May 2021 eNewsletter
Outlook crowded by Lack of Transparency
There’s always plenty of uncertainty in grain markets; that’s a given. Of course, the biggest unknown comes from the weather, even with meticulous forecasting models. That’s why asking someone to predict prices six months, a year or two years down the road either ends up as lucky guesswork or failure. But that’s a story for another time.
Then there is the uncertainty that comes from government actions. At times, this can come from misses in official estimates from outfits like StatsCan or the USDA but those (in my opinion) are caused by error, not deliberate misinformation. Beyond that, another level of intentional haziness exists in certain markets, including barley.
When a single country dominates the export outlook for a crop, it adds a lot more risk. And for crops like barley (as well as canola, peas and flax), China is central to the demand side of the balance sheet. In 2020/21, Canadian barley exports will likely end up the highest in almost 30 years, and China accounts for 90% of that total.
Just to give an idea of what this year’s extra demand from China means to the barley balance sheet, the chart shows our latest forecast for 2020/21 ending stocks at about 400,000 tonnes, the lowest on record. This is based on our Chinese export estimate of 3.1 mln tonnes. If exports to China had instead stayed at the 2019/20 level of 1.43 mln tonnes (while Japan imported more), this year’s ending stocks would be over 1.6 mln tonnes, well above average. And prices would not have been able to hit the record levels seen this year.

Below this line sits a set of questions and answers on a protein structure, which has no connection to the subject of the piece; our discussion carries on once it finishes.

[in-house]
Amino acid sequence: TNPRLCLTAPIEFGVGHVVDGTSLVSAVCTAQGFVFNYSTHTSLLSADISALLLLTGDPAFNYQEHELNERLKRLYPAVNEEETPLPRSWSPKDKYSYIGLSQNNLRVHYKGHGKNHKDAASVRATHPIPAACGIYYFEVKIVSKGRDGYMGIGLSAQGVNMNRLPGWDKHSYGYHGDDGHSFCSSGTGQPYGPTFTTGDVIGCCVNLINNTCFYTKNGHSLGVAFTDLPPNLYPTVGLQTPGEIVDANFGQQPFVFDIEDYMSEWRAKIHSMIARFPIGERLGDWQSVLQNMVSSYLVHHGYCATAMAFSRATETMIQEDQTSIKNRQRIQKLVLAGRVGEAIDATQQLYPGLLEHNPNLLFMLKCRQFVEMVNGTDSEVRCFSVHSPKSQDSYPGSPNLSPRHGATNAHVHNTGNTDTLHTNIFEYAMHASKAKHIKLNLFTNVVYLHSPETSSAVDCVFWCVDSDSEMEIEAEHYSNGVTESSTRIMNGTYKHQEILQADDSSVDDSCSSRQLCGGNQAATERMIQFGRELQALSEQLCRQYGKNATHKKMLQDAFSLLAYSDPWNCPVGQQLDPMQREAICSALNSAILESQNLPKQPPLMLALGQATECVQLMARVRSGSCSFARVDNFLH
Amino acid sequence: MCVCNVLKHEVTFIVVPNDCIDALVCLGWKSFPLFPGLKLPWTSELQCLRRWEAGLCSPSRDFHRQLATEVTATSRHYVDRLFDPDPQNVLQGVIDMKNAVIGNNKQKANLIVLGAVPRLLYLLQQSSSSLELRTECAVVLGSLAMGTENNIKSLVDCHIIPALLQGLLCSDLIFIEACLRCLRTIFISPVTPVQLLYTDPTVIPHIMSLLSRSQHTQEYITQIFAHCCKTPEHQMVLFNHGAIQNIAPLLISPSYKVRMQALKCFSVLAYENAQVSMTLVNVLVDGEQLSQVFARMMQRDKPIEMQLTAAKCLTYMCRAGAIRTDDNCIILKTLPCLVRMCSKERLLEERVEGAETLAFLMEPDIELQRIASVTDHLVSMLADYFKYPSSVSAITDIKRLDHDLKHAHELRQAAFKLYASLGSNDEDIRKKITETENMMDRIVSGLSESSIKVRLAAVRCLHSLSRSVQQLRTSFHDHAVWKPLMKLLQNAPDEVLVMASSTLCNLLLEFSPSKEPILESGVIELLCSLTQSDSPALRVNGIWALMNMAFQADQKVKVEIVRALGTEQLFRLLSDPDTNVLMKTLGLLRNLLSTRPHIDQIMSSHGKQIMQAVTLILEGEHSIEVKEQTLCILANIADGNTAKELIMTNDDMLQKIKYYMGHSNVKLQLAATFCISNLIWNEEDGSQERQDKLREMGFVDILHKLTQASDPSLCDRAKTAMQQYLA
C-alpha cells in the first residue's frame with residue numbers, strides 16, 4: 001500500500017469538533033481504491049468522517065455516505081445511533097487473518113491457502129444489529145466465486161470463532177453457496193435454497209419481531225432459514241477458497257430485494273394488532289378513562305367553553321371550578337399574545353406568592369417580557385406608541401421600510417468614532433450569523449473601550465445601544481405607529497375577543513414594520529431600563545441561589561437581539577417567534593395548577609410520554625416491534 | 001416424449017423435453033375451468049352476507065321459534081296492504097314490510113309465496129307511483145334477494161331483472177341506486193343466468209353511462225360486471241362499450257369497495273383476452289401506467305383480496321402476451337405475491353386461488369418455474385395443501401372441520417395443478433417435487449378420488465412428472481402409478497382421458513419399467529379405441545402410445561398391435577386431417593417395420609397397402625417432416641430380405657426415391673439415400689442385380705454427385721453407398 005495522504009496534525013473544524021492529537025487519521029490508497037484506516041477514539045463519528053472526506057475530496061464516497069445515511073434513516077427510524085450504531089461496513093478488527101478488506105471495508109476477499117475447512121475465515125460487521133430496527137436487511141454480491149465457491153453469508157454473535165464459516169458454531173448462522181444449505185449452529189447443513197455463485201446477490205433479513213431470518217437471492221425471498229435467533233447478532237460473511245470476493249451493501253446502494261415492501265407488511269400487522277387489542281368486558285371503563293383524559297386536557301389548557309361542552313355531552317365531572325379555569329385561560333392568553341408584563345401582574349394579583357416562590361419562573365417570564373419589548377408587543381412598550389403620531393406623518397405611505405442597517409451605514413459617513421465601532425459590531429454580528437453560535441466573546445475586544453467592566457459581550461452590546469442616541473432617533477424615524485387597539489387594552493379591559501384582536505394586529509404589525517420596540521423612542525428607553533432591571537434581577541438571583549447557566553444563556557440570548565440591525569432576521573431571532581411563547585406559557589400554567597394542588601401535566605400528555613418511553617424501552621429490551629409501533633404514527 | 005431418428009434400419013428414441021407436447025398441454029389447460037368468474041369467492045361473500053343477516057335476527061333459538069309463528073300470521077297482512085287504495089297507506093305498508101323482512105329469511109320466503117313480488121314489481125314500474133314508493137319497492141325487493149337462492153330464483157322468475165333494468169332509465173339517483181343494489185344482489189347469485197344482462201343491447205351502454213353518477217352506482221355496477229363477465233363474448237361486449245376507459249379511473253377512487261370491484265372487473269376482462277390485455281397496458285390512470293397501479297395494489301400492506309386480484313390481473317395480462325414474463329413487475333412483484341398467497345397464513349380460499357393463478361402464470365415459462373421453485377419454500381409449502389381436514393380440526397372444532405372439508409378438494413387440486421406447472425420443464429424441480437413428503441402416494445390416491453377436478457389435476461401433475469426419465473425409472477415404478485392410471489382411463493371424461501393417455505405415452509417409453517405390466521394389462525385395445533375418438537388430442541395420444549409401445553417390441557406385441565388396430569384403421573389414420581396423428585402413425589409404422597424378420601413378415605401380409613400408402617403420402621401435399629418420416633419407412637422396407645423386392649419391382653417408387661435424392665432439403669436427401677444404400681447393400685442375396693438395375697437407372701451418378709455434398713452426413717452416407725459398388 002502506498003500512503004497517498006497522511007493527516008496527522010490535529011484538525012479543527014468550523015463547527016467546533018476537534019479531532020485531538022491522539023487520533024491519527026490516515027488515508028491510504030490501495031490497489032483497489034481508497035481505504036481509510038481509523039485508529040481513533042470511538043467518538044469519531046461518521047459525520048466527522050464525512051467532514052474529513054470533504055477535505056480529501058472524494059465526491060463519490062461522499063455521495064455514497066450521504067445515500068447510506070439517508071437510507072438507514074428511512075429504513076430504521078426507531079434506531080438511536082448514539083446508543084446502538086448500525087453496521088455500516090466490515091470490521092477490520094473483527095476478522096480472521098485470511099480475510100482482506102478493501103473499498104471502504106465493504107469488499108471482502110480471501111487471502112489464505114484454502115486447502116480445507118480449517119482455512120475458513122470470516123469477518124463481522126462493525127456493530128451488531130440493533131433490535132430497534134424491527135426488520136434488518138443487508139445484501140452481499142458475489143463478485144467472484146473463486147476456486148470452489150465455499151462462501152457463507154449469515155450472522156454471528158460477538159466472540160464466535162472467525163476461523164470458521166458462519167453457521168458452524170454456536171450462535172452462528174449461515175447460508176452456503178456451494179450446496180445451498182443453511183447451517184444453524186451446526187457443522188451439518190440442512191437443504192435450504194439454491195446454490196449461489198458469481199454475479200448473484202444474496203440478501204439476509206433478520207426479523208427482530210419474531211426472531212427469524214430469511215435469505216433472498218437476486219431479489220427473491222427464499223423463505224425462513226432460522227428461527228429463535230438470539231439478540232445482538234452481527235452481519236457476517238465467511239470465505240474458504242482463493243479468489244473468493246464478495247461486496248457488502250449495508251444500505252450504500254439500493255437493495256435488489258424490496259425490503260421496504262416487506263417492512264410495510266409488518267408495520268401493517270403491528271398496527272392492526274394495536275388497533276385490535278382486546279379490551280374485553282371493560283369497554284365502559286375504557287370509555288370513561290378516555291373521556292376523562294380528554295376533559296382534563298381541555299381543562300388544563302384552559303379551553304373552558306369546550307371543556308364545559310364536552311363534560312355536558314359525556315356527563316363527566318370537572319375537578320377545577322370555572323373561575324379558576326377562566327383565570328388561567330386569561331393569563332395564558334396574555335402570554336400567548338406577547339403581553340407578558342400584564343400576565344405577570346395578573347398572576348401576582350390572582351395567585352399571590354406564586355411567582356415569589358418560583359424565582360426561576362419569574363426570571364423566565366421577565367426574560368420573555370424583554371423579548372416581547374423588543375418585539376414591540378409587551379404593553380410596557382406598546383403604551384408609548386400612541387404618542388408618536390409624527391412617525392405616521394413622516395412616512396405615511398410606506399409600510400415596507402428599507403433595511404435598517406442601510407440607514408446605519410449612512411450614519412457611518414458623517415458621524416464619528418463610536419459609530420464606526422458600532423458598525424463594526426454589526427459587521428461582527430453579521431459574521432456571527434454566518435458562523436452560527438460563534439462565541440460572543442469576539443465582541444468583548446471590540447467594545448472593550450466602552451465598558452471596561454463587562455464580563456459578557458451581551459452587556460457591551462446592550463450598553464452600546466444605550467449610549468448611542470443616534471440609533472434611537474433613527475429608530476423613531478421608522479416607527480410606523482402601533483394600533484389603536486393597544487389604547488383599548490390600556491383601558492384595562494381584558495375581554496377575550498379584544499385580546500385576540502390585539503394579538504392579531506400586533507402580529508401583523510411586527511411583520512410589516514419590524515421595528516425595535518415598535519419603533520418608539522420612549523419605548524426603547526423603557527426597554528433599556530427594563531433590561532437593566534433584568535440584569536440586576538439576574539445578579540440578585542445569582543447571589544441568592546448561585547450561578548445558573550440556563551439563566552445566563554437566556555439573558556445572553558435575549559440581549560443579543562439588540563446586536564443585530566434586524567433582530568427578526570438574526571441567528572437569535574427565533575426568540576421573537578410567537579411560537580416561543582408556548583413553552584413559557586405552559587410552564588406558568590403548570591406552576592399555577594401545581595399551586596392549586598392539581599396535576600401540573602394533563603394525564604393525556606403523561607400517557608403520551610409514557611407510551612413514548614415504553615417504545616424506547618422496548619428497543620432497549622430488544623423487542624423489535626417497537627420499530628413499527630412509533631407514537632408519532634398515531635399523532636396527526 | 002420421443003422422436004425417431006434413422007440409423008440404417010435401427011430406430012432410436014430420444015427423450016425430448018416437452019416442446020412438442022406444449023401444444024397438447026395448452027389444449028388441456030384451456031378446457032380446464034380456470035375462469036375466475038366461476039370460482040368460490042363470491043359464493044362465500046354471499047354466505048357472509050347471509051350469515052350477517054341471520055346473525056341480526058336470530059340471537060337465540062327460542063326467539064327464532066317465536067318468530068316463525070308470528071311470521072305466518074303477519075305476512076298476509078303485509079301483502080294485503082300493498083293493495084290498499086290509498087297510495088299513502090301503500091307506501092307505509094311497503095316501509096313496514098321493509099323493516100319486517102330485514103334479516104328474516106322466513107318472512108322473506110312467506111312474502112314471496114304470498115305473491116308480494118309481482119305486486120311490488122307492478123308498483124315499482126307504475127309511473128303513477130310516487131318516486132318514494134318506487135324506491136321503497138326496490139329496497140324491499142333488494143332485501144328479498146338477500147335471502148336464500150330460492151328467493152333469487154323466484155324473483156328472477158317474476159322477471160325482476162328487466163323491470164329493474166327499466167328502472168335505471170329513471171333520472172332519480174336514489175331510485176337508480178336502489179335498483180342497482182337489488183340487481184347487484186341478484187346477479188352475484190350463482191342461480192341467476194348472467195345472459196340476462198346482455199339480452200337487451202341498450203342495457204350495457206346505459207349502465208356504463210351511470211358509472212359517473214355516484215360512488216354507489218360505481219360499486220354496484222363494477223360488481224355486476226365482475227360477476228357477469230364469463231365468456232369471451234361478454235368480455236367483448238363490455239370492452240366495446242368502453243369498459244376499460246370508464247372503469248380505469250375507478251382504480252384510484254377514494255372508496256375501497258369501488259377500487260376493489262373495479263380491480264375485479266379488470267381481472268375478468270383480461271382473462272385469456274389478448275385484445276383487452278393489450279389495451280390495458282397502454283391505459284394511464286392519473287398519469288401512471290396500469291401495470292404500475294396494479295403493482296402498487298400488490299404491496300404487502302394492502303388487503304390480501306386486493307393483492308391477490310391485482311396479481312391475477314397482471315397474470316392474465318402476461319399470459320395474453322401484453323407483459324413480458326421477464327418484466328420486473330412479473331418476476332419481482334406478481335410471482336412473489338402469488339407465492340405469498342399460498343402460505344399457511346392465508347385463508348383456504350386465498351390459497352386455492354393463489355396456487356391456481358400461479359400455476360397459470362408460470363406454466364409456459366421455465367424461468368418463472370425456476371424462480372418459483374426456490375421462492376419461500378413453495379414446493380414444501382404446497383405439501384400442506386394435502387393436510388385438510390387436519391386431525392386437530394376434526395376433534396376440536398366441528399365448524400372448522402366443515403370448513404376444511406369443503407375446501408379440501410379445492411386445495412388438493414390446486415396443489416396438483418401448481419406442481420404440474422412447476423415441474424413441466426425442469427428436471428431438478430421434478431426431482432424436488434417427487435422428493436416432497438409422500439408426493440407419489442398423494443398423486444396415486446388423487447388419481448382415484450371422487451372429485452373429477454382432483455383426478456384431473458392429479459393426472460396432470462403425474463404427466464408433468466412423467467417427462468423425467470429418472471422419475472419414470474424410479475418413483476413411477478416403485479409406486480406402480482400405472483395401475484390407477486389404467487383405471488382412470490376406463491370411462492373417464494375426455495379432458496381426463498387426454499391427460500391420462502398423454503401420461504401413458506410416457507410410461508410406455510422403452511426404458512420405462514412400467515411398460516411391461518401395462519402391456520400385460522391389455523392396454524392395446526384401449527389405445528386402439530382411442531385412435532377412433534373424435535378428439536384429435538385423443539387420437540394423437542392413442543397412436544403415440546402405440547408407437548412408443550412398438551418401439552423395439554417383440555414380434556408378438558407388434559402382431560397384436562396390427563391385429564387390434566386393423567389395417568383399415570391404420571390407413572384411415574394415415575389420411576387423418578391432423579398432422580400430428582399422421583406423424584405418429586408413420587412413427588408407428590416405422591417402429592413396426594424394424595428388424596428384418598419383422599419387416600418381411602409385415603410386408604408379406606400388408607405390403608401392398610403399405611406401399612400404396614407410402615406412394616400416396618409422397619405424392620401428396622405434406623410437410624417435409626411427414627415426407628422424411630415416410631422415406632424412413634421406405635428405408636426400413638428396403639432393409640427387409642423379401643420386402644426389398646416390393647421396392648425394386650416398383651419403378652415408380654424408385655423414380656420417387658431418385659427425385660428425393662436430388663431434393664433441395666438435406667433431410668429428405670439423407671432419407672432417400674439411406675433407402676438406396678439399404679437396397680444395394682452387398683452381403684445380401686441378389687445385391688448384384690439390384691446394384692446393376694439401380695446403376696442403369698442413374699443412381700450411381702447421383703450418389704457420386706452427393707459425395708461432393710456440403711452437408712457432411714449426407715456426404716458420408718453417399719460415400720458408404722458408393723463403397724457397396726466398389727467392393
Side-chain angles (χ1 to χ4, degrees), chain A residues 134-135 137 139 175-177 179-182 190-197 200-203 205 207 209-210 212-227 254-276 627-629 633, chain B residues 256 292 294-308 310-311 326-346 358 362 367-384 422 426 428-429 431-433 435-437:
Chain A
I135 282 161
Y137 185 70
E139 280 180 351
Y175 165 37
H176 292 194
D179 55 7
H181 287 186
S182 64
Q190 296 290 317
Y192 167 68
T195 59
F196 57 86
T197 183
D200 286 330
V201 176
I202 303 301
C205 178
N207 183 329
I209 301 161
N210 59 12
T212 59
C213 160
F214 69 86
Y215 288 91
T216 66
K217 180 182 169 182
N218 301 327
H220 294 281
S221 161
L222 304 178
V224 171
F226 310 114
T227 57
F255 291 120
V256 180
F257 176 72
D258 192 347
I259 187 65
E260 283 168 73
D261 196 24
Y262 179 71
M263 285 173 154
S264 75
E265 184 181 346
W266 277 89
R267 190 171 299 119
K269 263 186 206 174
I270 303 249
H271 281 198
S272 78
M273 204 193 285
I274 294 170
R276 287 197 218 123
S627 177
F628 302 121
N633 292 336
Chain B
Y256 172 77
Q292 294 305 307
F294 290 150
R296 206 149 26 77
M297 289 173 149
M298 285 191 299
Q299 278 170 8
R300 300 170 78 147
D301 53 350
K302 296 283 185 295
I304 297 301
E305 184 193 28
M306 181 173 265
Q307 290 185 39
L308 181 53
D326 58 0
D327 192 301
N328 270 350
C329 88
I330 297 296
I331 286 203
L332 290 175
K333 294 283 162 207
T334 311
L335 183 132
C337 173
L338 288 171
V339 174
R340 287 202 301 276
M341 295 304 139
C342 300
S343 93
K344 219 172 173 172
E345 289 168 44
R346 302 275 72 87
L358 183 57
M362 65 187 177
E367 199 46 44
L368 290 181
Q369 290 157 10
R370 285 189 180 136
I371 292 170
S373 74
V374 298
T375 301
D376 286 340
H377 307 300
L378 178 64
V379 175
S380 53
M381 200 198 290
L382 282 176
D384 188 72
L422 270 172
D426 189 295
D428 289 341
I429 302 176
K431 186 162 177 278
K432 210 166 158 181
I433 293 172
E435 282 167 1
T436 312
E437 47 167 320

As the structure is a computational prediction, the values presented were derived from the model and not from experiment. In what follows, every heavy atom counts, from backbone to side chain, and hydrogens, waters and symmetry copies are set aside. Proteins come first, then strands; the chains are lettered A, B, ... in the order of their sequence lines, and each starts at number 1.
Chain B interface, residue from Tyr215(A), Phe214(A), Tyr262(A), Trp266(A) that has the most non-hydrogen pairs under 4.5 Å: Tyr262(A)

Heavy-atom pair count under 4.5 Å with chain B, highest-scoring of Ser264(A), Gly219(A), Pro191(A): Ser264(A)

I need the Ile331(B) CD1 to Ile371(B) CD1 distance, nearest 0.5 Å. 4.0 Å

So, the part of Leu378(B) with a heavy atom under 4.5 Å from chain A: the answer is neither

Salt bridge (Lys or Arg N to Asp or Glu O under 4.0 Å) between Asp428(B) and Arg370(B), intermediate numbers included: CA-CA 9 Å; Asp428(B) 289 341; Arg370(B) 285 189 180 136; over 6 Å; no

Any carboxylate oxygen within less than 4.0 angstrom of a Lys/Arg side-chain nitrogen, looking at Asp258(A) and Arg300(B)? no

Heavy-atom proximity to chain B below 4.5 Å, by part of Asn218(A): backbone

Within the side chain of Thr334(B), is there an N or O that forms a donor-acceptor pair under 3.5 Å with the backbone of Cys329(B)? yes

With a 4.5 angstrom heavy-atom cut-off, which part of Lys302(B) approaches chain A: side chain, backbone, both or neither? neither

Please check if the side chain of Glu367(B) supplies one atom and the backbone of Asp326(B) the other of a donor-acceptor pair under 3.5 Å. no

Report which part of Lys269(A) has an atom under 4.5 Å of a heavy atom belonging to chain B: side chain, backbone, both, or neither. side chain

If we look ahead to 2021/22, with a bigger Canadian crop expected, the market will depend even more on Chinese demand. Even if exports to China next year remain unchanged at record levels and everything else is roughly steady, 2021/22 ending stocks would rise to 1.4 mln tonnes. But if those exports would slip back to 2019/20 levels, ending stocks could top 2.5 mln tonnes, definitely burdensome.
With such huge variability in the outlook, almost entirely due to Chinese demand, it would be great if we could get an idea about the situation there. Unfortunately, that’s not the case. Official production estimates are either propaganda (for example, “the 17th consecutive bumper harvest”) or are designed to push prices lower by misleading. Its estimates of grain stocks are just as questionable. And more recently, reports have filtered out of China that the largest independent grain market analyst was shut down by police.
Rather than analyze the infrequent and inaccurate Chinese government announcements, we’re left with monitoring the actions, and those are encouraging. Chinese Customs data is generally reliable and has shown a bounceback in barley imports, with over a million tonnes per month each in March and April. Then, over the past six weeks, the CGC is showing over 700,000 tonnes of Canadian barley exports, most of it headed to China. And more recently, the USDA has been reporting multiple consecutive days of large 1.0-1.4 mln tonne corn sales to China for delivery in 2021/22.
Rather than paying attention to what China says, these actions indicate feed demand from the country is still exceptionally strong. And heavy new-crop bookings suggest that’s going to be the case into 2021/22. The demand may not be enough to use up all of the bigger 2021 Canadian barley crop, but the signals are pointing to another year of solid prices.